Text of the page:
One wouldn’t expect a Northern Wisconsin high school to be a leader in technology-focused education, but that was the mission given to Argosy University, Twin Cities graduate, Jim Bouché. Bouché, who received his Education Specialist degree with a focus on Technology Enhanced Ecucation from the University in 2006, took the Principalship at Lakeland Union High School (LUHS) in 2008. In the short time he’s been there, he has literally brought the school out of the technological dark ages and into the light.
Right from the start, Bouché was asked by the district to set up and implement a three year technology plan that would modernize the school’s approach to technology and the classroom. The high school had no functional website, out of date computers, two LCD projectors to serve the entire student population, and a “hodge-podge” of active directory servers.
With more than 32 years experience in education, Bouché coupled his experiences as both a teacher and administrator with the knowledge gained in his own educational studies. He has worked hard and fast to create programs that impact the students and families he serves.
In less than three years, with the support of the superintendent and school board, the school now boasts three new computer labs with 26 Intel desk top machines, 30 Mac Books, 26 - 23” iMacs for graphic arts classes, and a classroom for the business department with 25 Intel desktop computers. The school has established eleven mobile labs with 30 laptops each, and a host of flip cameras that can be checked out by students. Additionally, there are six iMacs for high end graphics use in the Library Media Center.
In all, 44 classrooms have been updated to include LCD projectors with audio enhanced speaker systems. Teachers have their own individual web sites, use digital grade books, and utilize BlackBoard, blogs, Wiki’s, and podcasting to ensure the technology their students use at home is being brought into the classroom.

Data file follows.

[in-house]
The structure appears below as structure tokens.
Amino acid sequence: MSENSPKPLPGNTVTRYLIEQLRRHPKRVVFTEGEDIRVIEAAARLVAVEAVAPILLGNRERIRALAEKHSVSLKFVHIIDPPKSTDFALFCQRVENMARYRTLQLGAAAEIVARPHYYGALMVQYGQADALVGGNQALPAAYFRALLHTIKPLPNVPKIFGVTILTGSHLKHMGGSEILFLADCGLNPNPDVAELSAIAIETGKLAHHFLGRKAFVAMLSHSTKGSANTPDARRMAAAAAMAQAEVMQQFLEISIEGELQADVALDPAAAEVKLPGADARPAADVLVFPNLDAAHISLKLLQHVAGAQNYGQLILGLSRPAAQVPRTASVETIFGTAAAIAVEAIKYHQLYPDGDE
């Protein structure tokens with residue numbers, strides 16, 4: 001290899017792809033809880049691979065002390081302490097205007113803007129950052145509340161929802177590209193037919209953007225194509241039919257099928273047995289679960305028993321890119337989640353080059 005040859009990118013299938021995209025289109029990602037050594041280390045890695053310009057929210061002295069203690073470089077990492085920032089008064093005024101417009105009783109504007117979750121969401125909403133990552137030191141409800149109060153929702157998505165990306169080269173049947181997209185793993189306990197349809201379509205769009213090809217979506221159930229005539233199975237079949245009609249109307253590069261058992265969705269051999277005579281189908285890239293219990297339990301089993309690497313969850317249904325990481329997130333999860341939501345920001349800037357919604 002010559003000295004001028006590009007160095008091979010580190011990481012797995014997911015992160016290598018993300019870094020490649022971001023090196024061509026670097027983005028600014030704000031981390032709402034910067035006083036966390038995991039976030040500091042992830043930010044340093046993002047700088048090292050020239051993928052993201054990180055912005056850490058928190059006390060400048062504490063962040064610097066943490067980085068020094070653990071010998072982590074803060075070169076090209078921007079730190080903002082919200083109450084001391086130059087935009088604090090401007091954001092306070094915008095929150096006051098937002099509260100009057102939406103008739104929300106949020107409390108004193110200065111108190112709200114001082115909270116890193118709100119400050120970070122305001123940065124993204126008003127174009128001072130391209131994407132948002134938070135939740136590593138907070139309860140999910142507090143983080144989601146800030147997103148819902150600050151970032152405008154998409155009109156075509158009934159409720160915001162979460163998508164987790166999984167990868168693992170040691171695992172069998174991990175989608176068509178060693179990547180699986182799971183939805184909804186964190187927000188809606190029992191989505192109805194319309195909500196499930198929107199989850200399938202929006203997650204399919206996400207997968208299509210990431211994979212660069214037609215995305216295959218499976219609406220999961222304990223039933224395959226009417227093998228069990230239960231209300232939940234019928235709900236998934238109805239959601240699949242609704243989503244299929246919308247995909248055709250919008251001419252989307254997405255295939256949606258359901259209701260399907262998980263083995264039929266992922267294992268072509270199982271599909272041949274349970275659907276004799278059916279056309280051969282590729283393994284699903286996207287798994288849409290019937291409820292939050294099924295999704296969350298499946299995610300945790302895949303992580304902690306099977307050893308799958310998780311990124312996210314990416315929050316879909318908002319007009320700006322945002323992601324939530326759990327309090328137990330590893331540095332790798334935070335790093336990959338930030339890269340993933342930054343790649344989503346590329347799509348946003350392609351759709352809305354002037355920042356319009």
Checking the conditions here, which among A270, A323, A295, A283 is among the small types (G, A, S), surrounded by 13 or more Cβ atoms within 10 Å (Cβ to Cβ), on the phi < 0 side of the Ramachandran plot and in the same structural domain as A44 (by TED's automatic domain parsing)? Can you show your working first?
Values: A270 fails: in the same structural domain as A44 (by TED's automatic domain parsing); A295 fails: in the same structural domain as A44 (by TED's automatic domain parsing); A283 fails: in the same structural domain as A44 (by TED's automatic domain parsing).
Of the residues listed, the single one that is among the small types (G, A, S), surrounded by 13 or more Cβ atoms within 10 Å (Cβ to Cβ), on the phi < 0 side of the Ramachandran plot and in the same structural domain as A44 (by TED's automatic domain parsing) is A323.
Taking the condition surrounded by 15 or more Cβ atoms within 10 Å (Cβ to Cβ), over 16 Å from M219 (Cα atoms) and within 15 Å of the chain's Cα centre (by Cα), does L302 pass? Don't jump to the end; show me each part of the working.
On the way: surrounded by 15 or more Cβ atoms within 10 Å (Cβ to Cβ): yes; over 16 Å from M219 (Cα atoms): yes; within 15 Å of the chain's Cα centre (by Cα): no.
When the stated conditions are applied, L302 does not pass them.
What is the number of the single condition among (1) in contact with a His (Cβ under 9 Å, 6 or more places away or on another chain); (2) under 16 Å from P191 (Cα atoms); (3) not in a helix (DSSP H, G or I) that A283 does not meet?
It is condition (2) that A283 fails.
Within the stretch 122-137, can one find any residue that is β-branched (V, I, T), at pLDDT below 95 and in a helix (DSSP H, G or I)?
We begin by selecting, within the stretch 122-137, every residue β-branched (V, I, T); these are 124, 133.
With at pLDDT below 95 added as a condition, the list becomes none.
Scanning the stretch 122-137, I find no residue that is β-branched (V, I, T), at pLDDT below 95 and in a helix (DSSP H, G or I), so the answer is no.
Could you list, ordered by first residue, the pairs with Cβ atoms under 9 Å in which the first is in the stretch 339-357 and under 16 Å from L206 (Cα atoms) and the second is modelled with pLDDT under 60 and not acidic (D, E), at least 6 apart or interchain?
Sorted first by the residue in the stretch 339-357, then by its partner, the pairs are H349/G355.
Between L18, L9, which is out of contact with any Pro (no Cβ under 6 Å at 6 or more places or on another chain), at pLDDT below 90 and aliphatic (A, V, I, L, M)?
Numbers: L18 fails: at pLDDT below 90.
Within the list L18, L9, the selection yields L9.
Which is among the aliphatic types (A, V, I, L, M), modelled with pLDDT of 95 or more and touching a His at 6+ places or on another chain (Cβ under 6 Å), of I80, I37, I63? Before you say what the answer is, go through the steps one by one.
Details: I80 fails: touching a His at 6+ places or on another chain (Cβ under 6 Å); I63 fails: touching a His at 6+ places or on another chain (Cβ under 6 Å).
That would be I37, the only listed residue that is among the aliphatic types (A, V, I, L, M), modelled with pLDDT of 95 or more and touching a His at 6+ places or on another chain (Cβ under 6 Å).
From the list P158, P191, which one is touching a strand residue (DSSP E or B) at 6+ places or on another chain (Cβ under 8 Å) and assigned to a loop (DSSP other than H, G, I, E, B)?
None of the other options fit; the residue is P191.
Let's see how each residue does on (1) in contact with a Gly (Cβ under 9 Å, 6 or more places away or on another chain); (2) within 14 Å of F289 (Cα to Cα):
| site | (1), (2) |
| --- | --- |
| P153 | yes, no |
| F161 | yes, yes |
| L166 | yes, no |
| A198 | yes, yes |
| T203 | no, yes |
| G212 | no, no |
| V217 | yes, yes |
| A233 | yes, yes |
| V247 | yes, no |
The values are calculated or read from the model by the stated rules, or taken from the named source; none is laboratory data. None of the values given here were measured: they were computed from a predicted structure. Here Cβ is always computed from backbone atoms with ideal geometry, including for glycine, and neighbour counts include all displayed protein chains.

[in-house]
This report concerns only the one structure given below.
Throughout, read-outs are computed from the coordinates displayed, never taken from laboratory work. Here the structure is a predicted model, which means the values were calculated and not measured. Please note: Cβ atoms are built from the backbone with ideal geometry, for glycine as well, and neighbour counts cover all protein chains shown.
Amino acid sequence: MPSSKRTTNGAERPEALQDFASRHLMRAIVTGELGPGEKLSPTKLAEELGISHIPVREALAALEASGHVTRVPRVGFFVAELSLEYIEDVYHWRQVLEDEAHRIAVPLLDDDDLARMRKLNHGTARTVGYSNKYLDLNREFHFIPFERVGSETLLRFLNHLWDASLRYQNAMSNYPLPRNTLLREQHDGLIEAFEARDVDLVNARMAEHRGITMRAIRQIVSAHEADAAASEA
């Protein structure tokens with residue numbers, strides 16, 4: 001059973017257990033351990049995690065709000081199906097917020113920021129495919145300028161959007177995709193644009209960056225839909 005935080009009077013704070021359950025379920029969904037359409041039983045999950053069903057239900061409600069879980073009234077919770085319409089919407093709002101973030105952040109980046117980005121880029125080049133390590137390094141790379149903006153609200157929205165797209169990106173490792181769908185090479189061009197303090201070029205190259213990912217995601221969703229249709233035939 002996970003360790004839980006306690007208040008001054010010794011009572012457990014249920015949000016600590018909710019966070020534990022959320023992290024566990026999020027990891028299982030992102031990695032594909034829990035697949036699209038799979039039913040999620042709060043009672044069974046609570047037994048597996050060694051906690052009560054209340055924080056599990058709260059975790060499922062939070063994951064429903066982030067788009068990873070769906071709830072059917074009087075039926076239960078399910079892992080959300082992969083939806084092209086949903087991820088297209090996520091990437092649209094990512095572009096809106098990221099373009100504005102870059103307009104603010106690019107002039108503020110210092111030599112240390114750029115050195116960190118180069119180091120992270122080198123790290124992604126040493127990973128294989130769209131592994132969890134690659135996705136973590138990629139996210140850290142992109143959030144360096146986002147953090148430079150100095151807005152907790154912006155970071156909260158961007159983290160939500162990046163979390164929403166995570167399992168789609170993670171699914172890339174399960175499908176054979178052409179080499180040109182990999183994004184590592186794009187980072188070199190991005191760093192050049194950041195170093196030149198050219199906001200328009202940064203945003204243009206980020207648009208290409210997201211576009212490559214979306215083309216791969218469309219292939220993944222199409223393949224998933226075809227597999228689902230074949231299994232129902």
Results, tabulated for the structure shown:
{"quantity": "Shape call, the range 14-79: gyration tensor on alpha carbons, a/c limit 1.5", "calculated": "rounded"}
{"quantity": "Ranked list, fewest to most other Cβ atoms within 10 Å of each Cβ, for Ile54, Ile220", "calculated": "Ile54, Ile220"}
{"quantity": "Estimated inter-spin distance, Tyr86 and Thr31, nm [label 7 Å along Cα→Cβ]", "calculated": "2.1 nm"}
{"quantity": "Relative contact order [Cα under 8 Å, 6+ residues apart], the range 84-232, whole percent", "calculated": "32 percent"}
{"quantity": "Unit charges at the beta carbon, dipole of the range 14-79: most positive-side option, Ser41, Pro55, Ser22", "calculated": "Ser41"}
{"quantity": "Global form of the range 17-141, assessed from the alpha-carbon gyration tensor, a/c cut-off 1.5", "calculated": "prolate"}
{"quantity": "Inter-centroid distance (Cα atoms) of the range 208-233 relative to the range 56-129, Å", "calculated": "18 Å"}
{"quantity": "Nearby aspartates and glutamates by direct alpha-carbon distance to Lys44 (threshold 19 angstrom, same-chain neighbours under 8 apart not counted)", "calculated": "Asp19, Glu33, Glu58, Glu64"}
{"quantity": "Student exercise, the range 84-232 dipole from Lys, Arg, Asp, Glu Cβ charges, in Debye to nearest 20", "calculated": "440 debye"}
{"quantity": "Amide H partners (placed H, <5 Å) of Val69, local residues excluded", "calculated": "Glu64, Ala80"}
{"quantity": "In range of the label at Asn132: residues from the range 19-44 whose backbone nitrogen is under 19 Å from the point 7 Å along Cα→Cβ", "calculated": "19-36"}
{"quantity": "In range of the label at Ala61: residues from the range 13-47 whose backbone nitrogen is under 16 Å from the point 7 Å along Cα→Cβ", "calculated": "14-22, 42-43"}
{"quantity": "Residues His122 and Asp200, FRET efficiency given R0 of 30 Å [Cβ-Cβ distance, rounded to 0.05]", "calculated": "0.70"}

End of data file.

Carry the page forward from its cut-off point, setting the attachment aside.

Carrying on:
Students now have their own email addresses for turning in assignments and enjoy an open policy for cell phone use. Students are permitted to use cell phones on campus before school, at lunch, after school and between classes, and are encouraged to do research and take notes on those devices.
“We live in an exciting time in the world of education,” says Bouché. “We can make a difference in our students if we model the importance of having a vision for the future.”
Bouché is a frequent lecturer on the subject of technology and education. He holds a Master of Science degree in Education from the University of Wisconsin – Platteville, a Master of Arts in Education Leadership from Marian College and Bachelor of Arts in English Education from the University of Wisconsin – Eau Claire. In addition he has an administrative license in English, PE/Health, and has administrative certification in both Wisconsin and Minnesota.
“The degree that I received at Argosy University gave me confidence and reassurance in myself as a 21st Century administrative leader,” says Bouché. “I am grateful to have the ability to help others see and experience the vision that will affect our students.”